Natural and Accelerated Bioremediation Research (NABIR) Highlighted at the Annual Meeting of the American Society of Microbiology (ASM)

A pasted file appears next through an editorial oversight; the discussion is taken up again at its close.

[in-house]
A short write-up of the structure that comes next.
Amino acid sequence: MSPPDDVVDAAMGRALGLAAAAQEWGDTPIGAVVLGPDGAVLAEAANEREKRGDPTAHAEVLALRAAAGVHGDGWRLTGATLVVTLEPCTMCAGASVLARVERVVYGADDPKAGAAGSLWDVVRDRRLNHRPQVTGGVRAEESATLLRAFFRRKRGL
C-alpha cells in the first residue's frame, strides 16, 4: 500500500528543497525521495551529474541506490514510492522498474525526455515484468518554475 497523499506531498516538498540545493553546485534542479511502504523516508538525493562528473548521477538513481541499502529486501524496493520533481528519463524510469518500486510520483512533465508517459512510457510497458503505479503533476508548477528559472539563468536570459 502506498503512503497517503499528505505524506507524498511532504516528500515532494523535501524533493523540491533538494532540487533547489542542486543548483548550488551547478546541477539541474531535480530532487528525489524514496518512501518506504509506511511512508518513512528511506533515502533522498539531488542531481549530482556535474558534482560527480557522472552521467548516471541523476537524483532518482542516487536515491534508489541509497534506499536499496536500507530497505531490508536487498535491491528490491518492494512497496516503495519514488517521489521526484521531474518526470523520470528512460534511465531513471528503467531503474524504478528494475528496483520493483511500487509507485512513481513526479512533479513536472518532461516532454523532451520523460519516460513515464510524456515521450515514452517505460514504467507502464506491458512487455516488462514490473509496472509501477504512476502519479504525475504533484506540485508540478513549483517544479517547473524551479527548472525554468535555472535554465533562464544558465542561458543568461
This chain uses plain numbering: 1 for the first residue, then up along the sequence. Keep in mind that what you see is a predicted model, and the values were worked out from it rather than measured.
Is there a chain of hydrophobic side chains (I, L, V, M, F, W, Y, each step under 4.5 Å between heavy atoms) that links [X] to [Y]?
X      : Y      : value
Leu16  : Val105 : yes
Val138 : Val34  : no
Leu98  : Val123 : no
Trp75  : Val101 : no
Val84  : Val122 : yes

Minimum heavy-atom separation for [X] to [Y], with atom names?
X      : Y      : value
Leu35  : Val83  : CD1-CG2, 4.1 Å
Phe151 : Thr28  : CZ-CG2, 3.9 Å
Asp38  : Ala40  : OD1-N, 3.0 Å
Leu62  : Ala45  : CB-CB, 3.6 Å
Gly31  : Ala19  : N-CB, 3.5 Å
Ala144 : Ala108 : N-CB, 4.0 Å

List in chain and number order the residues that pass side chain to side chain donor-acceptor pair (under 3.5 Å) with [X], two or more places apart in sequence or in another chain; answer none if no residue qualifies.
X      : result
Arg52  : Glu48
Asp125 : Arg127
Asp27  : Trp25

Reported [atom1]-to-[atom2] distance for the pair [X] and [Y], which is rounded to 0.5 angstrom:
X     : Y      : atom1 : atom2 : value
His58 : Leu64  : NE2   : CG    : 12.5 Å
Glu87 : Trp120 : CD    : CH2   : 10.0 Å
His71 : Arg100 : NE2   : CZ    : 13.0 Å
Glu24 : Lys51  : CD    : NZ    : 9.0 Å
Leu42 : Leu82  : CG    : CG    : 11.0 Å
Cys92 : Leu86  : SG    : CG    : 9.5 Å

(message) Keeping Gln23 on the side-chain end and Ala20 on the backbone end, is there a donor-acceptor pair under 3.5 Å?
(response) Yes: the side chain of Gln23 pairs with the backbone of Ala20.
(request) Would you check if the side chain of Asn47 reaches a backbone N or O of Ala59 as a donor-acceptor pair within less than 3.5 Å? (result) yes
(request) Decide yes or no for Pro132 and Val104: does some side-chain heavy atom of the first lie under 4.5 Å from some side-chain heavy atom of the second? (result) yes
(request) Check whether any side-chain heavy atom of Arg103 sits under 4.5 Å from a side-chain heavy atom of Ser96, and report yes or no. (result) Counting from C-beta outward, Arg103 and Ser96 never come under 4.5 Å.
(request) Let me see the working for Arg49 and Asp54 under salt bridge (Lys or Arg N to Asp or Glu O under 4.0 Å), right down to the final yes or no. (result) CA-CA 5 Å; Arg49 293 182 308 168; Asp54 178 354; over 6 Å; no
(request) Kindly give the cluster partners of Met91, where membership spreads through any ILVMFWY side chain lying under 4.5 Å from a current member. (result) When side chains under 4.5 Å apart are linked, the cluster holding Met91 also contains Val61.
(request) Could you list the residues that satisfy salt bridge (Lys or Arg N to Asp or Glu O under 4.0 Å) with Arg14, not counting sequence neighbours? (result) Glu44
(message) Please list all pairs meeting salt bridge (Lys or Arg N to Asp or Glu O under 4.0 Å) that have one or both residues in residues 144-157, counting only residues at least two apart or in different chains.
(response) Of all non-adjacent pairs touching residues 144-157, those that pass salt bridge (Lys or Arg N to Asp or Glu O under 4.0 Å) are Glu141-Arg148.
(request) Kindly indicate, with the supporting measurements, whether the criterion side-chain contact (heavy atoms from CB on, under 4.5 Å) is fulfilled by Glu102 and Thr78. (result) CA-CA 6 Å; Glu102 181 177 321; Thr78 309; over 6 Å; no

The ASM meeting, which drew over 15,000 attendees, was held in Washington, D.C., on May 19-22. NABIR funded research was presented in six invited talks and over 45 additional scientific papers. NABIR researchers reported their findings in a full-day session entitled Bioreduction of metals and bioremediation of metal-contaminated soils, as well as sessions on Subsurface microbiology, Environmental restoration microbiology, Molecular microbial ecology and others. Highlights included research by Dr. Joel Kostka (Florida State University) who has identified novel metal reducing microorganisms from acidic, contaminated subsurface sediments at the NABIR Field Research Center at the Oak Ridge Reservation. These microbes are unique and unrelated to any previously cultured metal reducers. Uranium and nitric acid were co-disposed at a number of DOE sites, so the identification of an acid-tolerant metal-reducing microbe is of great importance to bioremediation at those sites. Another highlight was a report by Dr. Ray Wildung (PNNL) on an interesting offshoot of his NABIR-funded research on reduction of the pertechnetate ion (Tc(VII)O4-) by Shewanella putrefaciens. The ion is widely used in imaging; however, the chemical reductant (SnCl2) used in commercial synthesis may result in a number of potentially undesirable competitive ions and reaction products. Dr. Wildung demonstrated the feasibility of using Shewanella isolated from a subsurface environment for an enzymatic reduction of Tc avoiding the potential problems and meeting the medical imaging requirements. Two government patents have been issued for the process and for a prototype kit for hospitals. This project exemplifies how basic research may impact several different fields; in this case, both environmental remediation and medical science.